In early January, Julie Koeberle was suggesting a snow dance to improve the Northwest's ailing mountain snowpack.
Almost two months later, it's hard to argue with the result.
"I think people kind of figured out how to do the snow dance," said Koeberle, a hydrologist with the Natural Resources Conservation Service in Portland.
A mountain snowpack that once looked bleak for much of Washington has bounced back in a big way. A series of strong storms this month piled up huge snow numbers, nearly erasing the deficit created by an unusually dry December and January.
"This is great," Koeberle said. "This is exactly what we wanted to see by the end of the season."
In the Lower Columbia basin of Southwest Washington, mountain snowpack stood at 83 percent of normal as of Friday. On Jan. 7, that number was just 31 percent, according to the NRCS. Most of the rest of the state was in similarly bad shape.
Other parts of Washington have fared even better. Most of the North Cascades are above 90 percent of normal snowpack for this time of year, according to the NRCS. The Lower Snake Basin in Southeast Washington measured 107 percent of normal Friday morning.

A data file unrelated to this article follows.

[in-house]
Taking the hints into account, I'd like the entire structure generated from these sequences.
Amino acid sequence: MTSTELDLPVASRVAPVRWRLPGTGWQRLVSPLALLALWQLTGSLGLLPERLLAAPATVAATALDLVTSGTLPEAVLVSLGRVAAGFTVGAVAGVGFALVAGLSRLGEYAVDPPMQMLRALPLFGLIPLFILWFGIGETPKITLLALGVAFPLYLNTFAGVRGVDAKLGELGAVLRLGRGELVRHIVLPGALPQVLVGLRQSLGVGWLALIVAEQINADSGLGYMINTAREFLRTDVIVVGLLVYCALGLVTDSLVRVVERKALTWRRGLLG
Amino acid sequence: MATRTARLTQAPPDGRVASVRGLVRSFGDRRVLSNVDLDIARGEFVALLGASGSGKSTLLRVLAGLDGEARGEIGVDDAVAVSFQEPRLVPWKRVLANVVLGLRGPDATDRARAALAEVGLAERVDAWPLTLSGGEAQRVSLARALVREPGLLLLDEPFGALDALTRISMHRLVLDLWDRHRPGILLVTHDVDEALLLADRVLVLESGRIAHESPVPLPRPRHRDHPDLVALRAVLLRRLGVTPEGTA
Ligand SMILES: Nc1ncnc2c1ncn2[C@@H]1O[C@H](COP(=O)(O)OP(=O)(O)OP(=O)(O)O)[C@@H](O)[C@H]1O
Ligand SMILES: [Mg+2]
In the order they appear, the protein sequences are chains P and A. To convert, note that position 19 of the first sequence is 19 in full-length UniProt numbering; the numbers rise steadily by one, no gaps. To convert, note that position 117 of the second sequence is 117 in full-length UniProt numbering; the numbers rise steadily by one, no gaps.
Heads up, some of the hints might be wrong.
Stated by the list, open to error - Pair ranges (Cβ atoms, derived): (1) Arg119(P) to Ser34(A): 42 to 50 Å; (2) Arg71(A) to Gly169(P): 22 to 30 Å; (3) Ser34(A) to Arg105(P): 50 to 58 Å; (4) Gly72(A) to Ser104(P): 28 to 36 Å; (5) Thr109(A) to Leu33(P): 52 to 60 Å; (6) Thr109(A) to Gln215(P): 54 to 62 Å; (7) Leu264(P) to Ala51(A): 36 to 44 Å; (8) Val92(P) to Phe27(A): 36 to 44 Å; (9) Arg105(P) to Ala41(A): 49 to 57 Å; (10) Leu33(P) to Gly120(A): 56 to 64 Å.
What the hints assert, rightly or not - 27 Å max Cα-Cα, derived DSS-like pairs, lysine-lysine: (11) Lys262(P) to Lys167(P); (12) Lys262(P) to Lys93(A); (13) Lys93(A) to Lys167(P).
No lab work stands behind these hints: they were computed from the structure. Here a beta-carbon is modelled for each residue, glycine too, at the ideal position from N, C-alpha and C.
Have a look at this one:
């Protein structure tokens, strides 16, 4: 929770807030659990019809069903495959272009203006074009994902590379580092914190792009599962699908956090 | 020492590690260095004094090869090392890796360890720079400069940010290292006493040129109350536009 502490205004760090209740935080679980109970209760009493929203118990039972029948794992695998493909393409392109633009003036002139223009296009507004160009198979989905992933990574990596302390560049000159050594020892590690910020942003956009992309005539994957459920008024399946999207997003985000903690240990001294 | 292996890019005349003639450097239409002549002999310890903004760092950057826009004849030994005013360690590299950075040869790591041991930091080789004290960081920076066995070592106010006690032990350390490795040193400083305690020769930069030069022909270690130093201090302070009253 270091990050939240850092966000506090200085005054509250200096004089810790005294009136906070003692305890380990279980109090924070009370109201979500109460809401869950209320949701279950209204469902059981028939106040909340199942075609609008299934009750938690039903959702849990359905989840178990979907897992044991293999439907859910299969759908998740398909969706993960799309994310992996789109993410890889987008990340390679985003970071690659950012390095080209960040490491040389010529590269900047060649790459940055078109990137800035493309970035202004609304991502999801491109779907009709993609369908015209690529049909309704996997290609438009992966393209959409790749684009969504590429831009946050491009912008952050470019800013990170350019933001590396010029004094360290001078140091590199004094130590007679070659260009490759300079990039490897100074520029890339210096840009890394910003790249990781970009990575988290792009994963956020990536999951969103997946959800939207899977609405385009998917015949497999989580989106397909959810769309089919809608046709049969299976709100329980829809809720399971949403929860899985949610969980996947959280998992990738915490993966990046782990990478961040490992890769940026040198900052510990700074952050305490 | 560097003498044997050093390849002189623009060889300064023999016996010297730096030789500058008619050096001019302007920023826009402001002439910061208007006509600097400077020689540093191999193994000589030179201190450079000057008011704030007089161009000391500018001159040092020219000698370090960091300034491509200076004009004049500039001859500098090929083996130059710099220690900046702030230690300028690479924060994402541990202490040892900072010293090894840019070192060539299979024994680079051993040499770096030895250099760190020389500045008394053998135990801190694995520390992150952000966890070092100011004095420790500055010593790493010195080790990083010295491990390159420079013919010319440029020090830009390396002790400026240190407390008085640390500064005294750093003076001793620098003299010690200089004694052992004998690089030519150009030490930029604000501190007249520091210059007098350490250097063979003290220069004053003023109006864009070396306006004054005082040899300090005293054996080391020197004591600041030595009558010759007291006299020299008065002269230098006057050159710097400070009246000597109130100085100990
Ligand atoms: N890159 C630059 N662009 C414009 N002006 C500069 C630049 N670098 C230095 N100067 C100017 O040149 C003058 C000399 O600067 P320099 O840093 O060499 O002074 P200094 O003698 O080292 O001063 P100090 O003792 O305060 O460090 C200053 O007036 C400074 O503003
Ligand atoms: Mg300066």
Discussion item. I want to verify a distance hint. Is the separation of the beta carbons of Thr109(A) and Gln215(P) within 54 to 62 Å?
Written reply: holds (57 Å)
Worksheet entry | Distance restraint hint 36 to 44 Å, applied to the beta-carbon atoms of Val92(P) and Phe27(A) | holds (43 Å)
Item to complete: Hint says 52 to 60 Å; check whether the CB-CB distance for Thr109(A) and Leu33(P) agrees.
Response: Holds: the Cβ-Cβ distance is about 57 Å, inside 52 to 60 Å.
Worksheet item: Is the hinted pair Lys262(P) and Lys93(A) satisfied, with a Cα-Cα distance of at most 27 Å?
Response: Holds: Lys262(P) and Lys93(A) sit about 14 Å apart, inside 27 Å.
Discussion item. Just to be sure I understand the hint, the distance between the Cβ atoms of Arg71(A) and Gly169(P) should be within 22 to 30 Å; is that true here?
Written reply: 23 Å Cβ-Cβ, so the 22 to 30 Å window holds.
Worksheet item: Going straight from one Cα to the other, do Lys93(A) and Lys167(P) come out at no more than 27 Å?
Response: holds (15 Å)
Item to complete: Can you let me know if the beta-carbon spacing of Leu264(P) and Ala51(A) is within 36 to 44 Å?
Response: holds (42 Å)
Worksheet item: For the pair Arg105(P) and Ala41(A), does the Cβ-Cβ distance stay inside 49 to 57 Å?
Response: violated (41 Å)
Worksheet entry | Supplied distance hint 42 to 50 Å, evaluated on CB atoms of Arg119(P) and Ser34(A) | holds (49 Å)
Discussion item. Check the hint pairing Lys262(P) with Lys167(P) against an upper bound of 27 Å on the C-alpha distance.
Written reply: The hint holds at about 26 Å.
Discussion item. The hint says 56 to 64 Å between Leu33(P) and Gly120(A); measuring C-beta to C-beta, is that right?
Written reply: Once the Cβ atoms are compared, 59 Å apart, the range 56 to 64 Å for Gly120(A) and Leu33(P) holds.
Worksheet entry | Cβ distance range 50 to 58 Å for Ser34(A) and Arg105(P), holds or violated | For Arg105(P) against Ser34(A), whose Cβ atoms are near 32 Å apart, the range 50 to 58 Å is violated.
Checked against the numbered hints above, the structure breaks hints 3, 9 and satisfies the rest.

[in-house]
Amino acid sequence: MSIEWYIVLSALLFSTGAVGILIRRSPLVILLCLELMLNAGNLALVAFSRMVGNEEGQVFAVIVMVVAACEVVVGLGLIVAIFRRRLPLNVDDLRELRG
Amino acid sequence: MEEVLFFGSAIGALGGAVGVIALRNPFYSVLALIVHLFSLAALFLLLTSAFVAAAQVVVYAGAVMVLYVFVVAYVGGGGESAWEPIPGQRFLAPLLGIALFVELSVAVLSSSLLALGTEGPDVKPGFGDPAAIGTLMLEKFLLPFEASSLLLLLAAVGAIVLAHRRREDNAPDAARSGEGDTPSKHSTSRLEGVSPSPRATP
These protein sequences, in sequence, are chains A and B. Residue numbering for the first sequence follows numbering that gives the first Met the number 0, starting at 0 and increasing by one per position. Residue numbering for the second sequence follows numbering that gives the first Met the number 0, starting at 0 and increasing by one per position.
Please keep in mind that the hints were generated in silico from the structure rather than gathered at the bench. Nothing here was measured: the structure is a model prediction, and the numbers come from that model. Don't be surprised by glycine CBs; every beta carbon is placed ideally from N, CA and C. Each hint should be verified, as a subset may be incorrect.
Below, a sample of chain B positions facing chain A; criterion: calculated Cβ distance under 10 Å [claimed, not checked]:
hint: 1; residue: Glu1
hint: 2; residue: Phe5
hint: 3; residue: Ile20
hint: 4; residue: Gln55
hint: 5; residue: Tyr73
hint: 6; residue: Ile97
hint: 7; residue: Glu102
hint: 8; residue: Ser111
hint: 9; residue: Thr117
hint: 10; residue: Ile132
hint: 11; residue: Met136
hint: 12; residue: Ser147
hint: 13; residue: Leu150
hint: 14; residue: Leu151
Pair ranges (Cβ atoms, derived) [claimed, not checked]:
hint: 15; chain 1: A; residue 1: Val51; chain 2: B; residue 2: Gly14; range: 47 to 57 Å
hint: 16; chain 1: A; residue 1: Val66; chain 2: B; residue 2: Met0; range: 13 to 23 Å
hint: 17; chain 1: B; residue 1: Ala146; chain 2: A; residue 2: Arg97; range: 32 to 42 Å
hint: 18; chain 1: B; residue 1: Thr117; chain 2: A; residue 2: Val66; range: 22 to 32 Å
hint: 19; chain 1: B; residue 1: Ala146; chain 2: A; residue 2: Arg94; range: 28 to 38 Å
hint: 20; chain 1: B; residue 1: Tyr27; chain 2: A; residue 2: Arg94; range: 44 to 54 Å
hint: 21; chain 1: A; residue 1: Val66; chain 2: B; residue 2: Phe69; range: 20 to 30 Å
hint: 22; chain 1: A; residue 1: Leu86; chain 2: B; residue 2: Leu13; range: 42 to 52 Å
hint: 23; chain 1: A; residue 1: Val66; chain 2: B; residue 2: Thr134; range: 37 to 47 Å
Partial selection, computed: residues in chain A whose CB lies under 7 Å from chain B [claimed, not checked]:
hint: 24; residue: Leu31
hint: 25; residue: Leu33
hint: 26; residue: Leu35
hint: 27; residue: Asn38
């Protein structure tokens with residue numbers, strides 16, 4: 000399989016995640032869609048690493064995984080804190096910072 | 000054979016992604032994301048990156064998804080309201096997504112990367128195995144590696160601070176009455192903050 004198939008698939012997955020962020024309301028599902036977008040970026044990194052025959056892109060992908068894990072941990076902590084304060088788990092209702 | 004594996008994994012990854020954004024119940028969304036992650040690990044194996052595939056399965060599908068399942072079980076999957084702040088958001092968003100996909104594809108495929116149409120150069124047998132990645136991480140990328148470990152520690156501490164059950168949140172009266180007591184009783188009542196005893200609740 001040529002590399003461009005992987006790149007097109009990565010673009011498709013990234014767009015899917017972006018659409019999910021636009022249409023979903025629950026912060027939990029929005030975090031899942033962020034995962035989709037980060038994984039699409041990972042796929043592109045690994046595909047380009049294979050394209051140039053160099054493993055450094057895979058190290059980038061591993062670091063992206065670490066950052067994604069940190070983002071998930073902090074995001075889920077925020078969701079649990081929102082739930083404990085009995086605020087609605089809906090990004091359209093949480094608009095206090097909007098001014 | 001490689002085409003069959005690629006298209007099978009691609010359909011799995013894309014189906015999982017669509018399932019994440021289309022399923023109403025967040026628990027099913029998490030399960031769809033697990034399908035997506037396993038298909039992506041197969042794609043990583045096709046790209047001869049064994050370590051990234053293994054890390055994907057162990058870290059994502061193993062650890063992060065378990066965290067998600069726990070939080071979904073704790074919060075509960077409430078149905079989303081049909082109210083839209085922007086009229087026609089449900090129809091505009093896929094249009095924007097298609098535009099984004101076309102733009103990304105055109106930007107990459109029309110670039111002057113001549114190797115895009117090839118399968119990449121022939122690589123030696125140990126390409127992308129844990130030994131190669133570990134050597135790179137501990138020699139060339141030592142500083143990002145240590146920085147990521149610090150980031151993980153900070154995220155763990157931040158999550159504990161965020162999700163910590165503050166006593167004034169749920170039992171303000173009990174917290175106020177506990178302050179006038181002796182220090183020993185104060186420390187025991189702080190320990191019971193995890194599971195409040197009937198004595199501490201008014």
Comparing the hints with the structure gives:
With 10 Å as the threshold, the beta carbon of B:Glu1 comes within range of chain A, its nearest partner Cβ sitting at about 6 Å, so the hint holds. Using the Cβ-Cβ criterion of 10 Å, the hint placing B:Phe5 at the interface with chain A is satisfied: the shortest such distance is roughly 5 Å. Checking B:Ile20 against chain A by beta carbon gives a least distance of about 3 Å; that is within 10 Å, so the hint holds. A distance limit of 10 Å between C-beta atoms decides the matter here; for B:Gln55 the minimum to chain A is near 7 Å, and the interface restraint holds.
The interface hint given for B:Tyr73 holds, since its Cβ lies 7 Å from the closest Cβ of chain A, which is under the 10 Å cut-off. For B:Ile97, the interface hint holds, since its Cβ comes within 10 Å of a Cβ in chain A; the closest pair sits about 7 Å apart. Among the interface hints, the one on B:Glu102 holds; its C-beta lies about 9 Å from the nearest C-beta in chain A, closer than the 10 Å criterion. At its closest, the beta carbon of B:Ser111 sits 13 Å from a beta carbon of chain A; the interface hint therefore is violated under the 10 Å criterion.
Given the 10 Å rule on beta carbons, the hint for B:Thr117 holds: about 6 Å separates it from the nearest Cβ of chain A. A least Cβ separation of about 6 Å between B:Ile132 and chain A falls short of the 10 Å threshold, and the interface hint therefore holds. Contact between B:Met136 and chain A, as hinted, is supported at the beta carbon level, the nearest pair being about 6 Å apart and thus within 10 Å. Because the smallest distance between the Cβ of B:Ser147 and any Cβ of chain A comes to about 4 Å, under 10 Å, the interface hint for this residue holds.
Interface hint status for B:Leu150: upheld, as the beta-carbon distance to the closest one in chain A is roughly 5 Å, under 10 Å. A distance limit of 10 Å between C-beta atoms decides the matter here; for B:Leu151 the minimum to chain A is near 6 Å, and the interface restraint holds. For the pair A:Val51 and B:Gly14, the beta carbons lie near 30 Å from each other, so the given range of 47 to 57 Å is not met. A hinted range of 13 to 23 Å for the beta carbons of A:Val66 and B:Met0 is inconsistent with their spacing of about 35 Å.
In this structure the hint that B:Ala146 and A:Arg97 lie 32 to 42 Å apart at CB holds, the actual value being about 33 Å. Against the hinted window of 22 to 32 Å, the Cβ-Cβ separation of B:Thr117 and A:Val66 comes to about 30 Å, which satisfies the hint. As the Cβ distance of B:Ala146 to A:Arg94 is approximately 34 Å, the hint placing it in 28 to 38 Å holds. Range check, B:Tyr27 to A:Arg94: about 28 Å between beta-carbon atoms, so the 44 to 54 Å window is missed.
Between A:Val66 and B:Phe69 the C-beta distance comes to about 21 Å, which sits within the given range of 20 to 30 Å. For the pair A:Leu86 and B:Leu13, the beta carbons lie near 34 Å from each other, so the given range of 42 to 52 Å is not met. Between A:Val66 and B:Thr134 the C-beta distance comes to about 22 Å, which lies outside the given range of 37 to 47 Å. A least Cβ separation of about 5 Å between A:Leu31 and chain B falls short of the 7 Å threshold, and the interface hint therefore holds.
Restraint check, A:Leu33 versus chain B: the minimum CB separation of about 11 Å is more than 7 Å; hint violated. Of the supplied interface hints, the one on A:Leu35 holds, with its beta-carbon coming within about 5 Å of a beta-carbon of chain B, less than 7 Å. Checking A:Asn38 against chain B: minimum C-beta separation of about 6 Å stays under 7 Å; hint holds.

Despite welcome gains, the region isn't in the clear just yet, Koeberle said. Another prolonged dry spell this winter will bring those numbers down again. But the recent comeback leaves a little more breathing room, she said.
"As long as we continue to see these really good storms, or at least see storms at a normal rate for the next couple months, then we should at least be at normal levels," Koeberle said.
The melt typically begins in earnest in April. Mountain snowpack is a major driver of the region's water supply in the spring and summer, which affects ecology, agriculture and power generation, among other things.
Not all parts of the Northwest have enjoyed the same good fortune. Parts of Southern Oregon continue to struggle, with a handful of counties already bracing for drought conditions later this year.